The White Paper recognizes that the conditions responsible for the development of the ridge and slough landscape may be different from those responsible for its maintenance. This committee concurs. For example, ridge and slough landforms may have been initiated by preferential formation of peat in bedrock depressions as peat deposits were first forming in the Everglades 5000 years ago. As these deposits mounded above the surrounding bedrock, they would have diverted flow. Peat may have preferentially accreted downstream of the mounds, thereby causing the mounds to elongate. Over time the system of elongated mounds and intervening depressions then may have evolved into the present system. Under this model, once the ridge and slough pattern became established, the bedrock would not be a factor in maintaining the pattern. (This does not appear to be the case with tree islands that have bedrock at the head.)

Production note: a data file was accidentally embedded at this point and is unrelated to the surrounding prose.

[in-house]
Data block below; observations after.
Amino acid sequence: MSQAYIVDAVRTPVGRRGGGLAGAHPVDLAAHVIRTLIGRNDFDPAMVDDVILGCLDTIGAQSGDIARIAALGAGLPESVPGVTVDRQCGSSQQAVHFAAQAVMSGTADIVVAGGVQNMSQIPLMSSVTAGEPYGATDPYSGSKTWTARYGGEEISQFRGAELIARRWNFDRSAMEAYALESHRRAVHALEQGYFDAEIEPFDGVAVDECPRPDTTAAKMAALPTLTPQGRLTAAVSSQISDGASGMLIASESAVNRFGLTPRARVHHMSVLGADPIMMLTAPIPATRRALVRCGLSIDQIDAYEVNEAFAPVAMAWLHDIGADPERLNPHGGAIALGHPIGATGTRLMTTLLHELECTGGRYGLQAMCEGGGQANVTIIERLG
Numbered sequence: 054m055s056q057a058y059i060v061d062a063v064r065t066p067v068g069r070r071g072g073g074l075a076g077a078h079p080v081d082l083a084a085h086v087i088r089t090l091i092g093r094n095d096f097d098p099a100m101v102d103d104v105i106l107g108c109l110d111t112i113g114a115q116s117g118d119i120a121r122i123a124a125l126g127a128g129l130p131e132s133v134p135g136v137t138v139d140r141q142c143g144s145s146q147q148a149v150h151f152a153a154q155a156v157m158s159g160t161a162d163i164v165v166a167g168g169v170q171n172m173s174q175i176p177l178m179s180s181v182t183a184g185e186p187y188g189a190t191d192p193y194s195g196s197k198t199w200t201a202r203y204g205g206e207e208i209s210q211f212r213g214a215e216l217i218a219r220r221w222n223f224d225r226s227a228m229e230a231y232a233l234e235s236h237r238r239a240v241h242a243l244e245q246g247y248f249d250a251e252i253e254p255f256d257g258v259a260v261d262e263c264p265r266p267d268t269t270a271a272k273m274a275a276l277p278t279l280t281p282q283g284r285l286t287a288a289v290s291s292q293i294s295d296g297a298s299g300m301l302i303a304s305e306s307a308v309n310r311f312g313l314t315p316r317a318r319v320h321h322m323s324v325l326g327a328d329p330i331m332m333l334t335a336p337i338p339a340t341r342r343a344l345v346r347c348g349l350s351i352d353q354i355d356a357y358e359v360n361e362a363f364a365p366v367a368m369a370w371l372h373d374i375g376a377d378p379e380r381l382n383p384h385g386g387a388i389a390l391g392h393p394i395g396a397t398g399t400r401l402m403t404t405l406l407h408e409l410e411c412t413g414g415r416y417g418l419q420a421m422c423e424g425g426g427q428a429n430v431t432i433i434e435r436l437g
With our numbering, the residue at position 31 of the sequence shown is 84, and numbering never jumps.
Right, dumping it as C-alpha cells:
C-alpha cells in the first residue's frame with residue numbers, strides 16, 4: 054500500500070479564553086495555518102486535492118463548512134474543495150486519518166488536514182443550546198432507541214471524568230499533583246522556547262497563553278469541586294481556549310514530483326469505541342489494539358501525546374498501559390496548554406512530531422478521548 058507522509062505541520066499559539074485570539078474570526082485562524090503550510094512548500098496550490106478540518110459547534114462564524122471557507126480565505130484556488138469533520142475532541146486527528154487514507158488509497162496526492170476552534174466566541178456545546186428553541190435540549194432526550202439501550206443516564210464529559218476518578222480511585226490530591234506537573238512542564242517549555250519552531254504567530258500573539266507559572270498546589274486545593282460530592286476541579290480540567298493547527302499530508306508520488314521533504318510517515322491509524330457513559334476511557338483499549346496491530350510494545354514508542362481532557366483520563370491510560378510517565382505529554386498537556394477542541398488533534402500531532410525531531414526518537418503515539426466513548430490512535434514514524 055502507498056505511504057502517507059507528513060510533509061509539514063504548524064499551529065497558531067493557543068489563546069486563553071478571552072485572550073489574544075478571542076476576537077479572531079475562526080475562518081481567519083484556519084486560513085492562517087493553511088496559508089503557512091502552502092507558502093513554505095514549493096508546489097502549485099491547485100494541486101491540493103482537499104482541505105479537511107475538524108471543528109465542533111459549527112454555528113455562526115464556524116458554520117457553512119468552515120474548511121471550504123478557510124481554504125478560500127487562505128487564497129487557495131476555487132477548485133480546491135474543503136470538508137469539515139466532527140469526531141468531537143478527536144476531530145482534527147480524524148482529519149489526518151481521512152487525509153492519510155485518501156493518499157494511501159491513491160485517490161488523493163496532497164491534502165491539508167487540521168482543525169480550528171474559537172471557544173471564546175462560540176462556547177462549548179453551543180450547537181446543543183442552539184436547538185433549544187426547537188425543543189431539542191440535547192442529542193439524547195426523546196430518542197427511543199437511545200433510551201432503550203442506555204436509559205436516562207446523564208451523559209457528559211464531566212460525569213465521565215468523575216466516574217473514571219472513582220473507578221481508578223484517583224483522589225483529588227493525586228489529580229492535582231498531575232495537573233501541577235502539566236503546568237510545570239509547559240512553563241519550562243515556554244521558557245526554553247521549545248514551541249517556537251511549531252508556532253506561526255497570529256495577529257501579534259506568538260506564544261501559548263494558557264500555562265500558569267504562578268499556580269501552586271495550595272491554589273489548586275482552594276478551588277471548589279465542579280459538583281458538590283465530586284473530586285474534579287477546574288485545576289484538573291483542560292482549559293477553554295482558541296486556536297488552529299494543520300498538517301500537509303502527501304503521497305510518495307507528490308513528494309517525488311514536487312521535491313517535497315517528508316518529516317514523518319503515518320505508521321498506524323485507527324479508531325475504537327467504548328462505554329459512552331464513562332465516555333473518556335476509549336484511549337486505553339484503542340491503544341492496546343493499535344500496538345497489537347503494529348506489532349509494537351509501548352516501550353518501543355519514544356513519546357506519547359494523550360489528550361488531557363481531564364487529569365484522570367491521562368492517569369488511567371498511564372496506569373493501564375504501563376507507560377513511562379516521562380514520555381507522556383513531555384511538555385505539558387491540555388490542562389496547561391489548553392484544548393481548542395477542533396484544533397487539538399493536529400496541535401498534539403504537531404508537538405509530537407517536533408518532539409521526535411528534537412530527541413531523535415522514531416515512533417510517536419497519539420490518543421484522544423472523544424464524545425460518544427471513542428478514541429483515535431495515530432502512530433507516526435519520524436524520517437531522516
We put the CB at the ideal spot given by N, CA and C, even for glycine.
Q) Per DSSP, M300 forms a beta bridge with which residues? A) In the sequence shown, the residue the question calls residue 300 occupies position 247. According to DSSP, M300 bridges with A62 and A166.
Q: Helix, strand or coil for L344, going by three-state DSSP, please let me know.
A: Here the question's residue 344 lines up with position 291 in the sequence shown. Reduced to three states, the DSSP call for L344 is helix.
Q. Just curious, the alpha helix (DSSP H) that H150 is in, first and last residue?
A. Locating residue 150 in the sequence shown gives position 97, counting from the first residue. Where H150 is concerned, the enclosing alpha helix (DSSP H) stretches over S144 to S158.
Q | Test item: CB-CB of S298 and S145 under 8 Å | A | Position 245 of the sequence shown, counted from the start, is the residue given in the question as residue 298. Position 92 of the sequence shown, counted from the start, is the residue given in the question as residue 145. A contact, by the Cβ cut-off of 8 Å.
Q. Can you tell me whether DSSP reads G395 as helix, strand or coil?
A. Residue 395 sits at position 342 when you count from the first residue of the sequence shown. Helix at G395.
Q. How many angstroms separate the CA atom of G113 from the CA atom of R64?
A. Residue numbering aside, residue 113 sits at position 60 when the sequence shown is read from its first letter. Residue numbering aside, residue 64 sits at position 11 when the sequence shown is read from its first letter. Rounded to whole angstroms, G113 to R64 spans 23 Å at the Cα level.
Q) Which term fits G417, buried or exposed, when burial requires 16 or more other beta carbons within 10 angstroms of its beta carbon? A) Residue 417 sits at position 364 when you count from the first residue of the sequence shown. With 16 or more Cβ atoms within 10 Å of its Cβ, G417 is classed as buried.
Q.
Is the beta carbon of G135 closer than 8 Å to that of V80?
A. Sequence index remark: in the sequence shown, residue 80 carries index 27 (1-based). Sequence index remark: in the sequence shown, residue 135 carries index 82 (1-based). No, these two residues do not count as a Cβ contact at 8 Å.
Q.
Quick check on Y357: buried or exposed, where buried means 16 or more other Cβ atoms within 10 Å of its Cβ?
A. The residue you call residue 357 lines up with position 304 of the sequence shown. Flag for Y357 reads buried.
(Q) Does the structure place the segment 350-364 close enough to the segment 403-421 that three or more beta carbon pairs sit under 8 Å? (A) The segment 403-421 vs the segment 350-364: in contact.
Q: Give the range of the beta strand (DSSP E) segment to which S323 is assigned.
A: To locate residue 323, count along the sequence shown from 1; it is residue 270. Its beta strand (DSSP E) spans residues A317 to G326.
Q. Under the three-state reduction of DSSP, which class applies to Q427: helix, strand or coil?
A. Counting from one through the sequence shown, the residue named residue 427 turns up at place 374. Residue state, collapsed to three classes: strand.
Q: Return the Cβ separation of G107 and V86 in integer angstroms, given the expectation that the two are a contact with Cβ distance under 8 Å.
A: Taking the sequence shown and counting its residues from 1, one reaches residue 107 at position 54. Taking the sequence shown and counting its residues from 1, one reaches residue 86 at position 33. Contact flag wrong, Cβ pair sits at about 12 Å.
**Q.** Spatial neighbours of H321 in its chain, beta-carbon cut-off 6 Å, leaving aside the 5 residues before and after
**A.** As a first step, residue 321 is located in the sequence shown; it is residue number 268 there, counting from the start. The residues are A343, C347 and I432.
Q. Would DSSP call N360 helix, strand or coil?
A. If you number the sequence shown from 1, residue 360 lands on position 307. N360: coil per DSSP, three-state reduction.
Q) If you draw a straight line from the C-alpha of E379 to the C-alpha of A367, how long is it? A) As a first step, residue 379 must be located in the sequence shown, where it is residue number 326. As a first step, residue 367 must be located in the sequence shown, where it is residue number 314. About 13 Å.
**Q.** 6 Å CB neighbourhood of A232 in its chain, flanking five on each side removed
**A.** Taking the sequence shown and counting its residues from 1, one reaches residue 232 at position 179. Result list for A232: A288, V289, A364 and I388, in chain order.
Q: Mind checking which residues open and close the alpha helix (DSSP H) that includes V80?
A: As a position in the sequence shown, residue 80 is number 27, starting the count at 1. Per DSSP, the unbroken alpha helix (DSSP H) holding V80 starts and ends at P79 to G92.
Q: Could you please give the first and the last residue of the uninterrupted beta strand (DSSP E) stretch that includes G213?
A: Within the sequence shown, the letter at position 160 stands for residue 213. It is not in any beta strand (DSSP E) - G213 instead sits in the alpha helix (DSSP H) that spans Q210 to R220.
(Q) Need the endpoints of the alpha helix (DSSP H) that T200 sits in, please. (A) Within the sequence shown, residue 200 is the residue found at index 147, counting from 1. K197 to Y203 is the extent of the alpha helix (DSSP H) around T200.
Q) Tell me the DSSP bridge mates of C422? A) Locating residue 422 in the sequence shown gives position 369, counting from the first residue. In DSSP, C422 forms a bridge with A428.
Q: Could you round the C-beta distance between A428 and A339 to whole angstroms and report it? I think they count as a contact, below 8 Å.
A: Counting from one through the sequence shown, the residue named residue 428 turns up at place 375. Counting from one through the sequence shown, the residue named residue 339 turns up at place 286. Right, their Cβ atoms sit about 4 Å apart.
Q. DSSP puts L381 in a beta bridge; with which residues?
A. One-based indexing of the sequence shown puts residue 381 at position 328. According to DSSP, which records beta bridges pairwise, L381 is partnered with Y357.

The absence of ridge and slough landforms in the sawgrass prairie south of Lake Okeechobee is consistent with this hypothesis. When wetlands first formed in this area about 5000 years ago, overflow from the lake was likely diverted around them by the bedrock Loxahatchee Channel (a broad topographic low area in the bedrock draining to the east and southeast). As a result, the initial deposits consisted of calcitic mud, which blanketed the bedrock surface south of the lake and which undoubtedly reduced surface heterogeneity. (Modern calcitic muds are associated with periphyton, and form in place of peat if the period of inundation is relatively short. Without Lake Okeechobee as a source of water, the hydroperiod in the region would have been relatively short compared to the hydroperiod in the Loxahatchee region.) After the Loxahatchee Channel filled with peat and Lake Okeechobee began flooding the sawgrass prairie region, there may have been no irregularities to trigger the formation of peat mounds and initiate the formation of ridges and sloughs.

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